ATLANTA – The government, for the first time, is urging doctors not to prescribe two antiviral drugs commonly used to fight influenza because of concerns about drug resistance, officials announced Saturday.
The Centers for Disease Control and Prevention said the recommendation covers the drugs rimantadine and amantadine during the current flu season.
"Laboratory testing by CDC on the predominant strain of influenza (H3N2) currently circulating in the United States shows that it is resistant to these drugs," according to a CDC statement.
The two drugs have been used for years to combat the type-A, or most common, strain of influenza.
"This represents a sharp increase from last year when only 11 percent of isolates tested were resistant and 1.9 percent were resistant the year before that," the statement said.
One flu expert, Dr. William Schaffner of Vanderbilt University, said the development was "disconcerting" as flu now has joined the ranks of other diseases, such as tuberculosis and HIV, that recently have acquired the ability to resist front-line medications.
But Schaffner said doctors have other options to fight influenza.
One is the antiviral Tamiflu, also known as oseltamivir. The CDC said that all H3 and H1 influenza viruses the agency has tested so far are susceptible to the other commonly used antivirals, including Tamiflu and zanamivir.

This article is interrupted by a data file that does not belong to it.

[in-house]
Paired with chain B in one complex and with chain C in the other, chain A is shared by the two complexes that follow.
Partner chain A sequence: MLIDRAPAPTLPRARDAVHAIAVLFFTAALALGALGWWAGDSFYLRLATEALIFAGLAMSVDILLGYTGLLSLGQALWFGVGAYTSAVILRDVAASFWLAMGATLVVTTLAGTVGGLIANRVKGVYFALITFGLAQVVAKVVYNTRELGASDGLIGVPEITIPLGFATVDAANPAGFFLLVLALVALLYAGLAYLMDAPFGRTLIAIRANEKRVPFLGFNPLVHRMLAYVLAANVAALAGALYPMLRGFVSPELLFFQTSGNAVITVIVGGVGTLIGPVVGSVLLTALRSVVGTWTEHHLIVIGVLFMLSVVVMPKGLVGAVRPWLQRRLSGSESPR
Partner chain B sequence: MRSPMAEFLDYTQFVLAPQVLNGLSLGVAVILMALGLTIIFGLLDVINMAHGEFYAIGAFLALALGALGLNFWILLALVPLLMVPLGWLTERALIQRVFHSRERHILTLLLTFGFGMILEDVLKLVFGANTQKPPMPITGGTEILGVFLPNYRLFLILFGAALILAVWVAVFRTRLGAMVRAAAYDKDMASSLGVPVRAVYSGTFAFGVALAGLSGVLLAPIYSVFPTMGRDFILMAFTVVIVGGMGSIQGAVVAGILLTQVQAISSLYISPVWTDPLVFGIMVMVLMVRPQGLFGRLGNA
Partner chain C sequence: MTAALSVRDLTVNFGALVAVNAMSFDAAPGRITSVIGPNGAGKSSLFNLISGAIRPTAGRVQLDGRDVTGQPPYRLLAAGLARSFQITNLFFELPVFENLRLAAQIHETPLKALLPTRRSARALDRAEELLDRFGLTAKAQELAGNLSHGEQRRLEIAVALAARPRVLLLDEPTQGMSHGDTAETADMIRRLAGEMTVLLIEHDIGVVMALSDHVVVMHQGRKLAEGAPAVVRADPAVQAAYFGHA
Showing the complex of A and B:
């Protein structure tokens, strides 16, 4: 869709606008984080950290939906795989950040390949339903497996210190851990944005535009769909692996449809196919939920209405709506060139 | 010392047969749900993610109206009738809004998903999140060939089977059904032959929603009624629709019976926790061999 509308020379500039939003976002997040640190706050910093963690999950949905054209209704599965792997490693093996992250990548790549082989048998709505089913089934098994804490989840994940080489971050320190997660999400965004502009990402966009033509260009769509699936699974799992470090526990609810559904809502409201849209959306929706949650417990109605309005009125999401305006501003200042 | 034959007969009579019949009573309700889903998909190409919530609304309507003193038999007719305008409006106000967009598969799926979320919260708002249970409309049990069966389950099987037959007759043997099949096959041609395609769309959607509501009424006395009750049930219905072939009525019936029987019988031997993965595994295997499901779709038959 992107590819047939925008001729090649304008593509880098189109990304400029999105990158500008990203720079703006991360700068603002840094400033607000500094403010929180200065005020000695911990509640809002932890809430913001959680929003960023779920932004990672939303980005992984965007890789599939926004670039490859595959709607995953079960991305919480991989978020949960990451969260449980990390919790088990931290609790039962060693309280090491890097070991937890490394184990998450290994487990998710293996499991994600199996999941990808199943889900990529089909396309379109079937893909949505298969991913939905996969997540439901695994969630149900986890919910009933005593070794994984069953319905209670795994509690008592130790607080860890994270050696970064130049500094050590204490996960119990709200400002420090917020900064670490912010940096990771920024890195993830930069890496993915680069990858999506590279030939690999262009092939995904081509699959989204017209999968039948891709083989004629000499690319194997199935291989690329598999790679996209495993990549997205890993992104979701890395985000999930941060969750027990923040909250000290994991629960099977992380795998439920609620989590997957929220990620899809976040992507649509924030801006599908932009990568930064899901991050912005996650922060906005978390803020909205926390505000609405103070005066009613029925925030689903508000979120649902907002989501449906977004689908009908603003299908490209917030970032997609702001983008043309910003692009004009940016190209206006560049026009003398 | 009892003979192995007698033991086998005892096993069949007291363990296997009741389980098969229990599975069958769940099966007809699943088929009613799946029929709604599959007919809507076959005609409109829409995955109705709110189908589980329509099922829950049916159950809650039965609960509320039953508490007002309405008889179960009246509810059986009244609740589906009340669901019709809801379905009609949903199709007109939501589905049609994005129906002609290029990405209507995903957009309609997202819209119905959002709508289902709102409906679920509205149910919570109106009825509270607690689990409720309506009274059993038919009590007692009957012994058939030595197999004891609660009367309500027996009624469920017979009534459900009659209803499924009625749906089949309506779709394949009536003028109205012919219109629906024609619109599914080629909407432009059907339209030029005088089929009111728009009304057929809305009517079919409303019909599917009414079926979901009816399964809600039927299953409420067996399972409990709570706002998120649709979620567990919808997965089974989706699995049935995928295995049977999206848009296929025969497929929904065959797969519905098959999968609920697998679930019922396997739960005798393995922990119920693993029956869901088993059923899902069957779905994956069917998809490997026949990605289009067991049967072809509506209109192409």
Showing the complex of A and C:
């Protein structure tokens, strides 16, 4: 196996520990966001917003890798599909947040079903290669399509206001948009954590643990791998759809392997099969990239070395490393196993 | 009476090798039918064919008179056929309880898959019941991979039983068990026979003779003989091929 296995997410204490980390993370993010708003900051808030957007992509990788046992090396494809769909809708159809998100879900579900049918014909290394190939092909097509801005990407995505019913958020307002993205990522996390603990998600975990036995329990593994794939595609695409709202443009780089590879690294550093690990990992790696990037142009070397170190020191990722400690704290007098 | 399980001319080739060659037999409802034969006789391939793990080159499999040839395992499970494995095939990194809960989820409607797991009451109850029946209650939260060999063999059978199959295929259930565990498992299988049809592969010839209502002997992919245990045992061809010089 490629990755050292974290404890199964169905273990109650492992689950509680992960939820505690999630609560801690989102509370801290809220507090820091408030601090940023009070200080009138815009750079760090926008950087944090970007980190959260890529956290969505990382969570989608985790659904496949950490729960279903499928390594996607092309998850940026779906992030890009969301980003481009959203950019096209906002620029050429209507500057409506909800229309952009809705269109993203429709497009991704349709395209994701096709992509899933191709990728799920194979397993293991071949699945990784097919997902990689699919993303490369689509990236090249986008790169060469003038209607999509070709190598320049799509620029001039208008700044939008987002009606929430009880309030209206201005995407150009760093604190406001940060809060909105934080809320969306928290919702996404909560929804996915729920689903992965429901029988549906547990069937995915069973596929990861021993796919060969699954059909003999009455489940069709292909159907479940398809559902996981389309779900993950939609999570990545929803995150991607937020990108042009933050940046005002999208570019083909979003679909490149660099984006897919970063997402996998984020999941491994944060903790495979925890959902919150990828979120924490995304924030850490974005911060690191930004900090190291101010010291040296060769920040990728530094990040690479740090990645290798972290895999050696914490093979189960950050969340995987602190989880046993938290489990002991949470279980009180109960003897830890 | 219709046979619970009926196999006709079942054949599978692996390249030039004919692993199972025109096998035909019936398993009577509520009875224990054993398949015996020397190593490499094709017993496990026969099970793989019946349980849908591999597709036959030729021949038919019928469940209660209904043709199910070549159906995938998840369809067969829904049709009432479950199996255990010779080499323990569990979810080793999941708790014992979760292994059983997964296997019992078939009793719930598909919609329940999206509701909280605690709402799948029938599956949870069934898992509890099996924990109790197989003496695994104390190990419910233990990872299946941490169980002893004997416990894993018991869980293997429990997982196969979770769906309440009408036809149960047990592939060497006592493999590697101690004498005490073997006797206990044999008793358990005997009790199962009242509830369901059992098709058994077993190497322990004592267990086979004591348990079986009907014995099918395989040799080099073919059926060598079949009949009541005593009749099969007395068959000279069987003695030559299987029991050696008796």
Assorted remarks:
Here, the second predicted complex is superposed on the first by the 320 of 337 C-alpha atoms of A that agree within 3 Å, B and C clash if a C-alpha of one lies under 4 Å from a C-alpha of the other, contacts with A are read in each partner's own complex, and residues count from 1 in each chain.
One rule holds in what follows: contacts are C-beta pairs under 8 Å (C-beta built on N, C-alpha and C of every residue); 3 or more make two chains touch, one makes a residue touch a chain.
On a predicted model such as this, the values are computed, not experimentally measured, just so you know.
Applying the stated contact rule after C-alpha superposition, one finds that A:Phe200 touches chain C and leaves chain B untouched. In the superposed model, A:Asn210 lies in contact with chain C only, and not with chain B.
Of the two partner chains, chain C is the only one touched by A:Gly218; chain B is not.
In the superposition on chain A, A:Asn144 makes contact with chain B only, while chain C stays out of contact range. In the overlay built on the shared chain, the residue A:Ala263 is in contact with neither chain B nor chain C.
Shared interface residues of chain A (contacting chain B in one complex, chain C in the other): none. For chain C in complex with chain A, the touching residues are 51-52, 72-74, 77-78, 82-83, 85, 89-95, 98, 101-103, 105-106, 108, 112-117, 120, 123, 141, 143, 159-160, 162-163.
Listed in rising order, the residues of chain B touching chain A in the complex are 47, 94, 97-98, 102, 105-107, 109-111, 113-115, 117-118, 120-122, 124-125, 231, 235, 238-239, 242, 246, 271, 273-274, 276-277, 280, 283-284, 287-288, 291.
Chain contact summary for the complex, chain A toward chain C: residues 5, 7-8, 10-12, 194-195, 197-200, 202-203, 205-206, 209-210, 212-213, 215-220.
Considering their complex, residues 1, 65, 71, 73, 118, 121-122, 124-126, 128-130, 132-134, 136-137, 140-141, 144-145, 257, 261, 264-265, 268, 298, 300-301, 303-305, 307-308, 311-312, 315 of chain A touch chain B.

"Tamiflu is now readily available everywhere — in most places, it is the primary antiviral being used" against flu, Schaffner said. "But we're always a bit frustrated when one of the therapeutic agents is foreclosed. It makes every infectious disease doctor worry a little bit."
Doctors also recommend an annual flu shot to help prevent getting influenza in the first place.
The CDC said it planned to alert doctors throughout the country via its emergency Health Alert Network and through a special edition of its weekly journal, the Morbidity and Mortality Weekly Report.
Each year, the flu kills about 36,000 people, and some 200,000 are hospitalized because of it in the United States, the CDC said. As of Dec. 31, the latest CDC data available, flu activity was only considered widespread in seven U.S. states, mainly in the Southwest and West: Texas, New Mexico, Arizona, Colorado, Utah, Nevada and California.